Diverse contributors lead to wikis with broad and deep content.
Contributors who want to make useful improvements to a wiki should all be able to find a place in the community where they fit in.
Contributors should be able to learn to edit on their own.
Contributors of any skill level should be able to ask for and receive help from other community members.
Contributors should be able to learn and edit in a supportive and non-confrontational environment.
There are challenges that stand in the way of the principles above. The main challenges were identified by the New Editor Experiences research project that was completed in 2017. With the help of Czech and Korean community members, researchers interviewed 64 contributors to Czech and Korean Wikipedias to learn about why they started editing, what they found easy or difficult, and if they've stopped editing, why they stopped. The project surfaced a set of technical, conceptual, and cultural challenges, summarized below. Our team’s work will help wikis overcome these challenges so that the principles can become reality.
Technical: new contributors struggle with specific skills needed to contribute.
Editing: though Visual Editor is helpful for new contributors, it is hard for them to learn the process of building, citing, and publishing.
Communication: new contributors have trouble finding and using Talk pages. This is because Talk pages do not use Visual Editor, and because they work differently than other internet discussion systems.
Finding help: many wikis have scattered and inconsistent help materials that are difficult for new contributors to find and use.
Conceptual: new contributors have trouble learning core wiki policies and best practices. The following are the concepts that are most challenging.
Community: many new contributors do not realize there is an active community behind each wiki project.
Verifiability and citations: all content must be attributed to reliable sources.
Notability: all content must have garnered enough broad attention to deserve an article.
Encyclopedic style and neutral point of view: articles should present content without bias toward one side of an argument.
Copyright: content should not violate the licensing of its sources.
Cultural: the wiki environment can be discouraging to new contributors who are trying to find where they fit in.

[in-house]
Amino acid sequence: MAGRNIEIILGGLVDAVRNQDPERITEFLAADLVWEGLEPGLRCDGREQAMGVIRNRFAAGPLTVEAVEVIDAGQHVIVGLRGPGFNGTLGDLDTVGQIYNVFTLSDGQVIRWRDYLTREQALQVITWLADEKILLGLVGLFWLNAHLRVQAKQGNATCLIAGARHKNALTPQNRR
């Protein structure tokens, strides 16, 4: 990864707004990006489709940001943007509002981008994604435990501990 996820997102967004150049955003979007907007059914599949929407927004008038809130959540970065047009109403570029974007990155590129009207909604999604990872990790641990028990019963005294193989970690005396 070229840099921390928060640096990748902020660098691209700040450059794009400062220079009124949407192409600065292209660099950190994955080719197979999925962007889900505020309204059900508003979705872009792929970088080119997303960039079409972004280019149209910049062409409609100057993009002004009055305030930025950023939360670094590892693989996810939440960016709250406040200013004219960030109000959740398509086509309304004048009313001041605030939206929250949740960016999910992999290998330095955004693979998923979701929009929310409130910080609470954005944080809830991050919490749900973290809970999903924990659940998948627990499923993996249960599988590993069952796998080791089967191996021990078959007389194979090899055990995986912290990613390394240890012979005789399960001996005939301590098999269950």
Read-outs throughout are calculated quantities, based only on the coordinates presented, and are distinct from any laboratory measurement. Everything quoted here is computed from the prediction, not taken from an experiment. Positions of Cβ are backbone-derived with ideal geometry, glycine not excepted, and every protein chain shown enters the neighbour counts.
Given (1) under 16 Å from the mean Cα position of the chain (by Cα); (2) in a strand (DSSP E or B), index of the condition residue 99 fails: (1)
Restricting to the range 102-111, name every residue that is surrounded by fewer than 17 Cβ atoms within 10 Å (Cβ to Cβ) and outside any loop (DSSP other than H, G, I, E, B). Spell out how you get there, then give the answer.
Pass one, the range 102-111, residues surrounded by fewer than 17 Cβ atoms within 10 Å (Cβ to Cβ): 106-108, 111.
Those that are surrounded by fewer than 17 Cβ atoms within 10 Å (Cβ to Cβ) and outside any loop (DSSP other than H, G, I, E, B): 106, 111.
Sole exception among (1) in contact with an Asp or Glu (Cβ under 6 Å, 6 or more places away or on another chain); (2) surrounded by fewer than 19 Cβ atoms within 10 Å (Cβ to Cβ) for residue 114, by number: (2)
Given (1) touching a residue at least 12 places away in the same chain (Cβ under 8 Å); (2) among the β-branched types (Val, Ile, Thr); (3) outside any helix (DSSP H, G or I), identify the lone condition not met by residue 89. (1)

Personas: new contributors have different objectives for why they are editing, but it is hard to figure out how to accomplish them.
Framing: the way that contributors communicate impacts whether new contributors stay. Negative feedback can discourage further contribution.
The Growth team will attempt multiple solutions to the above challenges, and we will learn and expand as we go along. These are the findings from the New Editor Experiences project that will guide the solutions we attempt:
Intermediaries: many new contributors have succeeded because a partner or mentor helped them learn to edit. These partners are frequently found in off-wiki places like schools, libraries, or meetups.
Iterative learning: new contributors have more success when they learn editing skills over time in safe environments.
Outside help: new contributors frequently search for help outside of Wikipedia, either in off-wiki communications, or through other internet resources.
Those trends lead to two main categories of solutions to the challenges described above. The work of our team will usually fit into one of these categories:
Human-to-human help: forums and programs that connect contributors to each other so that experienced contributors can help newer contributors succeed. This can include help desk forums, mentorship opportunities, or even off-wiki connections.
In-context help: changes to the Wikipedia editing experience to surface helpful guidance around technical and conceptual challenges. This is guidance surfaced at the time it is needed, in the place where it is needed -- as opposed to on a separate page that may be difficult to find.